The lithographic apparatus can be of a type having two (dual stage) or more substrate tables. In such “multiple stage” machines, the additional tables can be used in parallel, or preparatory steps can be carried out on one or more tables while one or more other tables are being used for exposure.

The lithographic apparatus can also be of a type wherein at least a portion of the substrate can be covered by an “immersion liquid” having a relatively high refractive index, e.g., water, so as to fill a space between the projection system and the substrate. An immersion liquid can also be applied to other spaces in the lithographic apparatus, for example, between the patterning device and the projection system. Immersion techniques are well known in the art for increasing the numerical aperture of projection systems. The term “immersion” as used herein does not mean that a structure, such as a substrate, must be submerged in liquid, but rather only means that liquid is located between the projection system and the substrate during exposure.

Referring again to FIG. 1, the illuminator IL receives a radiation beam from a radiation source SO. The radiation source provides radiation having a wavelength of at least 5 nm, at least 10 nm, at least 11-13 nm, at least 50 nm, at least 100 nm, at least 150 nm, at least 175 nm, at least 200 nm, at least 250 nm, at least 275 nm, at least 300 nm, at least 325 nm, at least 350 nm, or at least 360 nm. Alternatively, the radiation provided by radiation source SO has a wavelength of at most 450 nm, at most 425 nm, at most 375 nm, at most 360 nm, at most 325 nm, at most 275 nm, at most 250 nm, at most 225 nm, at most 200 nm, or at most 175 nm. The radiation can have a wavelength including 436 nm, 405 nm, 365 nm, 355 nm, 248 nm, 193 nm, 157 nm, and/or 126 mm.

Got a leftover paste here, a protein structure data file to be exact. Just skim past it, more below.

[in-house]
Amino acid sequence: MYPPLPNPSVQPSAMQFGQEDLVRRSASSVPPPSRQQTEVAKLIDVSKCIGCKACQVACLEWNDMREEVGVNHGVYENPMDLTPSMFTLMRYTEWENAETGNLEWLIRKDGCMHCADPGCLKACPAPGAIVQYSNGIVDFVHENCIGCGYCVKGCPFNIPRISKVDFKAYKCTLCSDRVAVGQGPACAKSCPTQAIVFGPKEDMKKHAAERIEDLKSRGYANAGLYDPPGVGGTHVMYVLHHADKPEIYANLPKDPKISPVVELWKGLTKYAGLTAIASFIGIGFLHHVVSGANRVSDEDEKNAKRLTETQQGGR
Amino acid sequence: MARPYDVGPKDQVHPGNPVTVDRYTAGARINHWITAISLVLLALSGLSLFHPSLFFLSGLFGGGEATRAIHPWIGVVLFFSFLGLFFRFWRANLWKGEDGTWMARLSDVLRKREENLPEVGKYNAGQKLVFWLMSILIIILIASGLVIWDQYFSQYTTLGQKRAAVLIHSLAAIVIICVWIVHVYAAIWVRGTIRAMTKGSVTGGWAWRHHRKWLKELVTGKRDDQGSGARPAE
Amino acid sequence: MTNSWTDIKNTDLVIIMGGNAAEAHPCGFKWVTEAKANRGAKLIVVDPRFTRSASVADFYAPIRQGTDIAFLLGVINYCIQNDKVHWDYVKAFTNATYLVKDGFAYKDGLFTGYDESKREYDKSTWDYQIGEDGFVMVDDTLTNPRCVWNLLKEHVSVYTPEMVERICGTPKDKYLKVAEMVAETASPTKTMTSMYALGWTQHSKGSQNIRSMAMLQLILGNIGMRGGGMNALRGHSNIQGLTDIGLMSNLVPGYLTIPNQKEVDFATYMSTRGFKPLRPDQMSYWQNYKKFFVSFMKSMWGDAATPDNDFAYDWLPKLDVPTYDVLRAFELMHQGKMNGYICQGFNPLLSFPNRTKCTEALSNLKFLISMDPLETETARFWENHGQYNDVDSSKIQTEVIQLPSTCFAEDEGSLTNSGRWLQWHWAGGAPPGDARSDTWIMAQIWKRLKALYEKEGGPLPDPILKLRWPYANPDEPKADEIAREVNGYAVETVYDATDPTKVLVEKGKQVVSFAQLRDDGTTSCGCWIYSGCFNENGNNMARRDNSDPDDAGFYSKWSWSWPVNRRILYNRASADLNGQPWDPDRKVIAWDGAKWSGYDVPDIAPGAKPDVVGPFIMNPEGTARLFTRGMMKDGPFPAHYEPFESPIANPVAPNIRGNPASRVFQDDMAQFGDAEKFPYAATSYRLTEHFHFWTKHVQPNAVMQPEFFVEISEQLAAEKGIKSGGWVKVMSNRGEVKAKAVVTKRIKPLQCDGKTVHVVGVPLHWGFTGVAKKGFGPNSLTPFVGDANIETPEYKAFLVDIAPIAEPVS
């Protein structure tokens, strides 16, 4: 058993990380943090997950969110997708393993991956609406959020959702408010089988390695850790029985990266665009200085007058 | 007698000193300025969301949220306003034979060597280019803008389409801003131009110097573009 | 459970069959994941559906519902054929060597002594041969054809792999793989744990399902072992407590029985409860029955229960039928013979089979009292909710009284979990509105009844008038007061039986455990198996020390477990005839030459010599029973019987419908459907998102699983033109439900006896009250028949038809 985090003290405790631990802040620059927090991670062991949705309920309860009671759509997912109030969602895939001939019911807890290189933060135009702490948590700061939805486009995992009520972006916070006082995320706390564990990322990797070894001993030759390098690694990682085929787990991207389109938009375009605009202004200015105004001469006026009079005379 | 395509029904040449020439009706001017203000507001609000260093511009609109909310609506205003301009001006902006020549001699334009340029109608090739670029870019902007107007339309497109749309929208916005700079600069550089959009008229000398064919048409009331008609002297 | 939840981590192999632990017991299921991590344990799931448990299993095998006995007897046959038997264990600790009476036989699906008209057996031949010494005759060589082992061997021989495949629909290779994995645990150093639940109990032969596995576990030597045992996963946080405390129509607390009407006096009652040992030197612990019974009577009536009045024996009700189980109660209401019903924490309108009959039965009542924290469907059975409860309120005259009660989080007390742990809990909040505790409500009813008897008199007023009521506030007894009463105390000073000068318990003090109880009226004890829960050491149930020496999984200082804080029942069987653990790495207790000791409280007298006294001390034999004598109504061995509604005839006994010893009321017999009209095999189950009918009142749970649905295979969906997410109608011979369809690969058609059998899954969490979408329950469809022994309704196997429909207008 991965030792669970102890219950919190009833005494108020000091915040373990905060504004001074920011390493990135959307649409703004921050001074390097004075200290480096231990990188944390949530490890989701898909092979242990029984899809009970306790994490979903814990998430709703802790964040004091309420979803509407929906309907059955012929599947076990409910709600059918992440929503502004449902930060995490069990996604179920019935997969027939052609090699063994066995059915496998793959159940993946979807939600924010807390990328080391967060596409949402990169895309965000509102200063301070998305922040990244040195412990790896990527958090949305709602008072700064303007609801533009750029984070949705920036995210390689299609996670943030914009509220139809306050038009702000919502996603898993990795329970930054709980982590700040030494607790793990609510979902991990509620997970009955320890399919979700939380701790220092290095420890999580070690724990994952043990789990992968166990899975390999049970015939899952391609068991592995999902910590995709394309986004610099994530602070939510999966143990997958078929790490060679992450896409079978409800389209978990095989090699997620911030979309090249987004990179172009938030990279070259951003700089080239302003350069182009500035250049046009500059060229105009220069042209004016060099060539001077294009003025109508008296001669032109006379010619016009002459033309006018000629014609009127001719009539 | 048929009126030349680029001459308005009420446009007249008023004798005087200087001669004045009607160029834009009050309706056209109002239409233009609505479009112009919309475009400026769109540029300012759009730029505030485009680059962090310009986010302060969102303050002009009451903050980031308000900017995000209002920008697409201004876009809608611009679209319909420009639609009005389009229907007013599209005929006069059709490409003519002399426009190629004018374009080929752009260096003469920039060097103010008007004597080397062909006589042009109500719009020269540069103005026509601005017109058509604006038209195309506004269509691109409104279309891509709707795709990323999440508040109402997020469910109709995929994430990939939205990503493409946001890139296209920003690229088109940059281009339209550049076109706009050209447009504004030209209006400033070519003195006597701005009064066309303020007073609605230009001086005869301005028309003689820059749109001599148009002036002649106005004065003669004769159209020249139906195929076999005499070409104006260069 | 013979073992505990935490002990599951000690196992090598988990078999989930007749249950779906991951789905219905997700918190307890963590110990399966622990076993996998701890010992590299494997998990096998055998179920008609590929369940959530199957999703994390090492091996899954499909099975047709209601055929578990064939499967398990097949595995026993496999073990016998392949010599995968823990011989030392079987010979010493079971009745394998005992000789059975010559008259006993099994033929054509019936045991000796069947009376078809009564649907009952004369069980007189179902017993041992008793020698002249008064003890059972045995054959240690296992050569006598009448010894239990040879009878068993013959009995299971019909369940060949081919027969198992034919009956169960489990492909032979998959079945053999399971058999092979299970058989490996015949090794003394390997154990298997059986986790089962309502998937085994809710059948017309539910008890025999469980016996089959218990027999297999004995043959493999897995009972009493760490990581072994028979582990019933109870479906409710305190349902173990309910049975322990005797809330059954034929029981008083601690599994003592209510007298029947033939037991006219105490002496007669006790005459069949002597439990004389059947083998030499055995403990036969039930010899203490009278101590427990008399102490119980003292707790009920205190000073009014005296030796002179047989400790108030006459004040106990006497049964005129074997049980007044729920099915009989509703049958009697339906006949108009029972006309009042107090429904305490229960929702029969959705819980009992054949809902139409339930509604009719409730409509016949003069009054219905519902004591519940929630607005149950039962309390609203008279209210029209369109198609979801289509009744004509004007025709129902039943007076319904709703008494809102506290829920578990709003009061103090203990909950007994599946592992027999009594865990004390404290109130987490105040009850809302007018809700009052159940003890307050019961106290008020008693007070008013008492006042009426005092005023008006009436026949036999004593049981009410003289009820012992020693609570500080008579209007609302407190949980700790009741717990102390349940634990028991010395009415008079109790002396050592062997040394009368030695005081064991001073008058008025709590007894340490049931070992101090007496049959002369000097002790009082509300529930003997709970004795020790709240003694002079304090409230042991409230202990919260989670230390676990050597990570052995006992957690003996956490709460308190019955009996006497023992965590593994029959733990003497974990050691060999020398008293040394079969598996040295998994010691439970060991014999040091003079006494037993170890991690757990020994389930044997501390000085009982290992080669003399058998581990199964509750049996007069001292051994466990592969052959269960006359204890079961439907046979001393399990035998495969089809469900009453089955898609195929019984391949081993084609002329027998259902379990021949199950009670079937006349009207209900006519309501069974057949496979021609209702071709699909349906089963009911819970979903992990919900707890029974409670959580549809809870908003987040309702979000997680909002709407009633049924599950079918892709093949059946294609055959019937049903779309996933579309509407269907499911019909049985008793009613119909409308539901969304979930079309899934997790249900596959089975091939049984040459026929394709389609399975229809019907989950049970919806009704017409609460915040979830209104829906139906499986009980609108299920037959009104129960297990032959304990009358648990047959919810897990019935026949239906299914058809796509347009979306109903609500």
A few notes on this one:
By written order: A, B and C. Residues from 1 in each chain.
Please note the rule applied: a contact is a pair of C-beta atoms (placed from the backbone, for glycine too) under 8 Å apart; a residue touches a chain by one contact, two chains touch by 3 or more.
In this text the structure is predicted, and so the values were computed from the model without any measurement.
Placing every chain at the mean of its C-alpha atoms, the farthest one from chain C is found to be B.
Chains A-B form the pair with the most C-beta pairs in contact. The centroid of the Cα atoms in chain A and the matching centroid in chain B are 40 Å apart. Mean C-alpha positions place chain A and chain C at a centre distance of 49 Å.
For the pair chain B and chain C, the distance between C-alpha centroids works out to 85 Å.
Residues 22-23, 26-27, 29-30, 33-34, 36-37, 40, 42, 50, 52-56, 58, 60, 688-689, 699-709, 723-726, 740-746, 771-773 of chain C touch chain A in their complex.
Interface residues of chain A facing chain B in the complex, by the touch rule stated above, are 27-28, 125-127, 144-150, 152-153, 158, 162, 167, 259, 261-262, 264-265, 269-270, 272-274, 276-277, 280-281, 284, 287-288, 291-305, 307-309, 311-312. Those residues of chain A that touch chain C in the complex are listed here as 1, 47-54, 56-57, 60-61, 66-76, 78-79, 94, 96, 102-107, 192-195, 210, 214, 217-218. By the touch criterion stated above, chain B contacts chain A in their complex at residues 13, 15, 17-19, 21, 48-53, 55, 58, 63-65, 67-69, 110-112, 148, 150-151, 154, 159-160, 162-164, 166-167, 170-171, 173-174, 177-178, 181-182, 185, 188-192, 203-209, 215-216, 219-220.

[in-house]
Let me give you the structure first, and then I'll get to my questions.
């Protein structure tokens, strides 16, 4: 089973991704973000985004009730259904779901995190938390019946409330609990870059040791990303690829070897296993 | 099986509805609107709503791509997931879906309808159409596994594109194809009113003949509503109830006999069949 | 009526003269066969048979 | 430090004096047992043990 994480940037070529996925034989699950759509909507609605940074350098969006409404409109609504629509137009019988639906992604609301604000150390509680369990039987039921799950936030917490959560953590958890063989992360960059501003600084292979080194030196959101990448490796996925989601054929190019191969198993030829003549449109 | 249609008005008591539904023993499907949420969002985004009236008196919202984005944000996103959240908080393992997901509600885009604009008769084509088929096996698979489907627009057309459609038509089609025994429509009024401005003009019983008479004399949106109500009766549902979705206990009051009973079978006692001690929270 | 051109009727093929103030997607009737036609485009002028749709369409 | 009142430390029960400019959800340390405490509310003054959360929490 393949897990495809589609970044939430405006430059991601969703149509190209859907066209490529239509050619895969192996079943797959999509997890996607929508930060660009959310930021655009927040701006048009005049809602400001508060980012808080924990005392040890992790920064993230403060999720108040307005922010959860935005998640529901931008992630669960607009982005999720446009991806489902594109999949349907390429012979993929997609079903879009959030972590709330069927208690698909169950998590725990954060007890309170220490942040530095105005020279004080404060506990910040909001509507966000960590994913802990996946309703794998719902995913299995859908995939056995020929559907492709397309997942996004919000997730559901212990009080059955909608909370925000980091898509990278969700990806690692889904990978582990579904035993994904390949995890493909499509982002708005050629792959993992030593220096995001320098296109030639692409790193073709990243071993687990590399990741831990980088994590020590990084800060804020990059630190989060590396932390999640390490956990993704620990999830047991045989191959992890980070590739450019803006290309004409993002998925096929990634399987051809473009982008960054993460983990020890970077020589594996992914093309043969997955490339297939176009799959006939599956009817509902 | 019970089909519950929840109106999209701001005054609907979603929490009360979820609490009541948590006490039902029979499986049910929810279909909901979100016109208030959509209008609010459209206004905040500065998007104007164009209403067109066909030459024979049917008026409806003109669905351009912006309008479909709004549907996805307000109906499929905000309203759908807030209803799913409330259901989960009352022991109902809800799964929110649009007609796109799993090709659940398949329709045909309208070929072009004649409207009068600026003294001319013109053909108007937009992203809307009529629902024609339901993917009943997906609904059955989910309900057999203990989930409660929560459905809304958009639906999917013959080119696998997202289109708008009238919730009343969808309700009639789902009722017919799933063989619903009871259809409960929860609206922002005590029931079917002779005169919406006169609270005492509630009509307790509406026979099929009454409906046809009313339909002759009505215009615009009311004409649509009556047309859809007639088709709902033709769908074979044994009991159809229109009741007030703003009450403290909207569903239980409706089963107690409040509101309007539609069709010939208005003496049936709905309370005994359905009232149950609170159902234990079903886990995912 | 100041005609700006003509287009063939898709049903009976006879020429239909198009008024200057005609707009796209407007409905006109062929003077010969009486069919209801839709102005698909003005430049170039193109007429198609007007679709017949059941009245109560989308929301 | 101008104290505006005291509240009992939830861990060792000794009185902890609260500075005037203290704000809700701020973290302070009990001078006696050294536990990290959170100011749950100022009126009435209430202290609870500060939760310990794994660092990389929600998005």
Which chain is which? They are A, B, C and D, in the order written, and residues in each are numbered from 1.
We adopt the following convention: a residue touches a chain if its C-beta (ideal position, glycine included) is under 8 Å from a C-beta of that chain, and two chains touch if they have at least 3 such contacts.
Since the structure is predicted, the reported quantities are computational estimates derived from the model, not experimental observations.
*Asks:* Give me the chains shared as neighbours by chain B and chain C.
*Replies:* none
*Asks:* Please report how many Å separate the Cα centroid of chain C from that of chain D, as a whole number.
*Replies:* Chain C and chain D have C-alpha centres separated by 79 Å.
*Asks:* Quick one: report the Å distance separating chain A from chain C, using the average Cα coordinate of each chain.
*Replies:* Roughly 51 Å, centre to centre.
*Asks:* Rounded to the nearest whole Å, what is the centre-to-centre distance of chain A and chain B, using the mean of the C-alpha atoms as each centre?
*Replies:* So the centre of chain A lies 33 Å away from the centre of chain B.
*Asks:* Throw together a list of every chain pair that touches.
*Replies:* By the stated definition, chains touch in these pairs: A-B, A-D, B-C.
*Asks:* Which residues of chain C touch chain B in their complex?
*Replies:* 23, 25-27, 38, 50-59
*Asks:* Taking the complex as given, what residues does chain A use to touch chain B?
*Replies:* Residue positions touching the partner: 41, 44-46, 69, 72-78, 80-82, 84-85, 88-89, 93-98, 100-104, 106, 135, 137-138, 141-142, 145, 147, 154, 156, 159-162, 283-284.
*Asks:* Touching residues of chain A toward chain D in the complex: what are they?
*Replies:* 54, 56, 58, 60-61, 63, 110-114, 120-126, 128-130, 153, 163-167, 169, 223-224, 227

The source and the lithographic apparatus can be separate entities, for example when the source is an excimer laser. In such cases, the source is not considered to form part of the lithographic apparatus and the radiation beam is passed from the source SO to the illuminator IL with the aid of a beam delivery system BD comprising, for example, suitable directing mirrors and/or a beam expander. In other cases the source can be an integral part of the lithographic apparatus, for example when the source is a mercury lamp. The source SO and the illuminator IL, together with the beam delivery system BD if required, can be referred to as a radiation system.

The illuminator IL, can comprise an adjuster AD for adjusting the angular intensity distribution of the radiation beam. Generally, at least the outer and/or inner radial extent (commonly referred to as σ-outer and σ-inner, respectively) of the intensity distribution in a pupil plane of the illuminator can be adjusted. In addition, the illuminator IL can comprise various other components, such as an integrator IN and a condenser CO. The illuminator can be used to condition the radiation beam to have a desired uniformity and intensity distribution in its cross-section. The illuminator IL, or an additional component associated with it, can also be arranged to divide the radiation beam into a plurality of sub-beams that can, for example, each be associated with one or a plurality of the individually controllable elements of the array of individually controllable elements. A two-dimensional diffraction grating can, for example, be used to divide the radiation beam into sub-beams. In the present description, the terms “beam of radiation” and “radiation beam” encompass, but are not limited to, the situation in which the beam is comprised of a plurality of such sub-beams of radiation.

The radiation beam B is incident on the patterning device PD (e.g., an array of individually controllable elements) and is modulated by the patterning device. Having been reflected by the patterning device PD, the radiation beam B passes through the projection system PS, which focuses the beam onto a target portion C of the substrate W. With the aid of the positioner PW and position sensor IF (e.g., an interferometric device, linear encoder, capacitive sensor, or the like), the substrate table WT can be moved accurately, e.g., so as to position different target portions C in the path of the radiation beam B. Where used, the positioning means for the array of individually controllable elements can be used to correct accurately the position of the patterning device PD with respect to the path of the beam B, e.g., during a scan.